Quintiles shares rise 11 percent in market debut
(Reuters) - Shares of drug research company Quintiles Transnational Holdings (Q.N) rose as much as 11 percent in its market debut, valuing the company at as much as $5.73 billion.
The Durham, North Carolina-based clinical trials company's initial public offerings is the largest among the 11 expected to be priced this week. The week could see the highest IPO volume since late 2007, according to market data firm Ipreo.
Other offerings that have been priced this week include those of residential mortgage company PennyMac Financial Services Inc (PFSI.N) and biotech company Receptos Inc (RCPT.O).
Quintiles raised $947 million in its IPO, more than planned, as it had priced 23.7 million shares at $40 each, compared with its plan to sell 19.7 million shares at $36 to $40 each.
Quintiles, founded in 1982, is backed by private equity players Bain Capital LLC and TPG Capital LP.
They became the lead investors in Quintiles in January 2008 after One Equity Partners sold its stake in the company. Britain's 3i Group Plc (III.L) and Singapore's Temasek Holdings are also investors in Quintiles.
The company is the largest provider of contract research services in the world to biopharmaceutical companies, including medical device and diagnostics companies.
Quintiles generated adjusted earnings before interest, tax, depreciation and amortization of $177.5 million on revenue of $4.9 billion in the year ended December 31, 2012.
The company's sales were 70 percent higher than its nearest competitor Covance Inc (CVD.N) said Morningstar analyst Lauren Migliore in a research report. Covance is valued at about $4.15 billion.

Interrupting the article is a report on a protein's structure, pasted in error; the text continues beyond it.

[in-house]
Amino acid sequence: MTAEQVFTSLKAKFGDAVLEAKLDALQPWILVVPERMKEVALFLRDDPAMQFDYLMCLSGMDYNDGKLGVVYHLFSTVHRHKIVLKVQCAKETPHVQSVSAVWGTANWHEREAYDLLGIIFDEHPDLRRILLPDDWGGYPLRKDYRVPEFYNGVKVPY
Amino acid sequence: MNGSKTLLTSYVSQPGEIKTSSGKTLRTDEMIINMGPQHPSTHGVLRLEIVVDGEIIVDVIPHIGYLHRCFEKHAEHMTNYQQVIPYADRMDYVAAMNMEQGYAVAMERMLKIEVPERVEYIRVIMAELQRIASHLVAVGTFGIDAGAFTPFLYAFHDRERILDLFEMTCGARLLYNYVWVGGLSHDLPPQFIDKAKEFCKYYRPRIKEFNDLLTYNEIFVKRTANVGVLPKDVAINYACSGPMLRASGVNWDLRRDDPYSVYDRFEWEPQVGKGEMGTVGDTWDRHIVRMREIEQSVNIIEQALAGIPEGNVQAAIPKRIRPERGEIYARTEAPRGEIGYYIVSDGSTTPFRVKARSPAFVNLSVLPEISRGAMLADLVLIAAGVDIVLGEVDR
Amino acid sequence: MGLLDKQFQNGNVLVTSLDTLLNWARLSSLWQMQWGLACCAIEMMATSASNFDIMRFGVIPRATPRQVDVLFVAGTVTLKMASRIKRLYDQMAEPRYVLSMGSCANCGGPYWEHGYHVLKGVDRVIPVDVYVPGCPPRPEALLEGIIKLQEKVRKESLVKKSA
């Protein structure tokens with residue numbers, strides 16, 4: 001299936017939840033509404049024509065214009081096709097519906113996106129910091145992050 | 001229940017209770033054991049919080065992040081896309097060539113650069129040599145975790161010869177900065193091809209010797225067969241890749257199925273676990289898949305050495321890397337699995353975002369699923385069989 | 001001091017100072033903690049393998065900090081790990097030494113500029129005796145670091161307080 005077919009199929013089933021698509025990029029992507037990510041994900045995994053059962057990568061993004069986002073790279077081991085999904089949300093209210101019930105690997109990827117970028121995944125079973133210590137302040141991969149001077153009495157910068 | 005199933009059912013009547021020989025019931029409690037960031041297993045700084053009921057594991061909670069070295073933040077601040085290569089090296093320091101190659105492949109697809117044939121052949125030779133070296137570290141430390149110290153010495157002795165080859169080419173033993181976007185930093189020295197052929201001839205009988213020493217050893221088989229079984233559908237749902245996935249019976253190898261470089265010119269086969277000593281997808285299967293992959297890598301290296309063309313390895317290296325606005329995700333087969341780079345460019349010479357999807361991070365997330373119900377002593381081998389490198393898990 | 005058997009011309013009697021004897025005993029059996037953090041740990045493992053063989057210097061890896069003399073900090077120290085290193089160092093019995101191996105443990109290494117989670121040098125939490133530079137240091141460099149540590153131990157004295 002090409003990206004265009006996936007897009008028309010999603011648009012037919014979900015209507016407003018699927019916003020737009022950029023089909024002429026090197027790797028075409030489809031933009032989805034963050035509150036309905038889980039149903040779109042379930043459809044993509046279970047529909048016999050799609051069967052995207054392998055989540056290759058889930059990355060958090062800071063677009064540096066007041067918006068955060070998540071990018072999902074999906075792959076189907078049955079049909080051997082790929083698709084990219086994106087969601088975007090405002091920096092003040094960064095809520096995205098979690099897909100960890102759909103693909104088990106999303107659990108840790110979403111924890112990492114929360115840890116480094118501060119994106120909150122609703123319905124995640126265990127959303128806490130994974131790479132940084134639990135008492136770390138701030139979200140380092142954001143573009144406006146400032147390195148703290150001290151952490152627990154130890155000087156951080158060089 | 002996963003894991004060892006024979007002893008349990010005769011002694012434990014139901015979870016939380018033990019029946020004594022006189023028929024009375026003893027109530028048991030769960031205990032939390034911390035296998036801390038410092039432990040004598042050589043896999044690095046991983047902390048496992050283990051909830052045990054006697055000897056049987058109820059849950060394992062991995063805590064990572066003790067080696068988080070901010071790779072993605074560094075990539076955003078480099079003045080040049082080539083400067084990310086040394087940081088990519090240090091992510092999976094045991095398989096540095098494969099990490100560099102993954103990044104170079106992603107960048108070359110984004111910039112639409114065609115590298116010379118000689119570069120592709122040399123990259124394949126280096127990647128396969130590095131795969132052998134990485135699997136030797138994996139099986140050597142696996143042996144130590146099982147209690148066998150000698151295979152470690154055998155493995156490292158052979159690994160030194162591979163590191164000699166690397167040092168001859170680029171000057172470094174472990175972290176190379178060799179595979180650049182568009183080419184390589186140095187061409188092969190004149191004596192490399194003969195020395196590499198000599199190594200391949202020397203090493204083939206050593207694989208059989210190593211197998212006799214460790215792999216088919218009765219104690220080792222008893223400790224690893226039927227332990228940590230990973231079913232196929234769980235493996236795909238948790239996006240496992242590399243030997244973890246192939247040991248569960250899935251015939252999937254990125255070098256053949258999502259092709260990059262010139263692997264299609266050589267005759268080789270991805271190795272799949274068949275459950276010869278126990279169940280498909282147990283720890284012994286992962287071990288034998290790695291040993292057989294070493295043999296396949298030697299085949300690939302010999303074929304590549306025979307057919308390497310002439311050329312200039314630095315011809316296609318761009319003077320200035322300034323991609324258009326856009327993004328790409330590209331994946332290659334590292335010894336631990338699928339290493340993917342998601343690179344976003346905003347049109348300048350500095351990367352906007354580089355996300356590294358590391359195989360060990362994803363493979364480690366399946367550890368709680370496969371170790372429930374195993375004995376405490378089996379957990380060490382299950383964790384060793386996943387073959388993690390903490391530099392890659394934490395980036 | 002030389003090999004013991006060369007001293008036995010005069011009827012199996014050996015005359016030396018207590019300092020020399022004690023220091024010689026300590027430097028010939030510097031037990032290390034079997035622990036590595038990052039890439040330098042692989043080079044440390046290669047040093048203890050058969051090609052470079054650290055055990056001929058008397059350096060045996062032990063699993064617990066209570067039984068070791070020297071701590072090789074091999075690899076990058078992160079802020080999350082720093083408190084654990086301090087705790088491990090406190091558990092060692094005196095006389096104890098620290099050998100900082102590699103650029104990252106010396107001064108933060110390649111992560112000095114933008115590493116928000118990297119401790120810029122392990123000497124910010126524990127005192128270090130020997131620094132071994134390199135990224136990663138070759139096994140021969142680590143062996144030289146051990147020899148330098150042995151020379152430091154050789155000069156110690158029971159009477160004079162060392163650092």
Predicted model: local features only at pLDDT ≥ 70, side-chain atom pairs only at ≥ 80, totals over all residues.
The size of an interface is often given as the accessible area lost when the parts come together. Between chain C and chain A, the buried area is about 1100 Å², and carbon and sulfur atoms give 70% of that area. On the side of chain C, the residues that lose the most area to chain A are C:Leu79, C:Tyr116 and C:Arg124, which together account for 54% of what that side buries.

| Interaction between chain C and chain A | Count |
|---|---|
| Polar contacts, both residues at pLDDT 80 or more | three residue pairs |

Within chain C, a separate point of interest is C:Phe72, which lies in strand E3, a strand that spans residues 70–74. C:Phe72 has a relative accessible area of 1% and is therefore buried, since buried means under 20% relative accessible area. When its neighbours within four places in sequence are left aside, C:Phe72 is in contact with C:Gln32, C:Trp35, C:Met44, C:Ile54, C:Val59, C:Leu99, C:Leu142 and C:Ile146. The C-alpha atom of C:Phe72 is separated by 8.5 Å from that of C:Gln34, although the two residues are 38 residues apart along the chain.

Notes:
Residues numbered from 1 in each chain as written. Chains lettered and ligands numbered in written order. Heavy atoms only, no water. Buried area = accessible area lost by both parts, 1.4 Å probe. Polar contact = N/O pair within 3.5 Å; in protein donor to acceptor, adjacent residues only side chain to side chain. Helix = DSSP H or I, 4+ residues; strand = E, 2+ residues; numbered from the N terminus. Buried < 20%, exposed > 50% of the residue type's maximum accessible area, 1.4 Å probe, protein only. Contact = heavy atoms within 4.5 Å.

Quintiles spent about $135 billion on R&D in 2012, which will grow to about $139 billion in 2015, according to the prospectus it filed with the Securities and Exchange Commission.
Of all the new drugs approved between 2004 and 2011, Quintiles helped develop or commercialize 85 percent of the central nervous system drugs, 76 percent of the oncology drugs, and 72 percent of the cardiovascular drugs, according to Morningstar.
A recent slowdown in R&D spending did not have an effect on Quintiles' performance as the company focuses primarily on Phase II-IV clinical trials.
This has saved Quintiles from having to endure the steep pullback in early-stage spending, particularly for animal testing, toxicology, and preclinical services, that has plagued other contract research firms.
Quintiles shares were trading up 10 percent at $44.05 on the New York Stock Exchange on Thursday.
Morgan Stanley, Barclays and JPMorgan are the lead underwriters to the offering.
(Reporting by Tanya Agrawal in Bangalore; Editing by Sreejiraj Eluvangal and Joyjeet Das)
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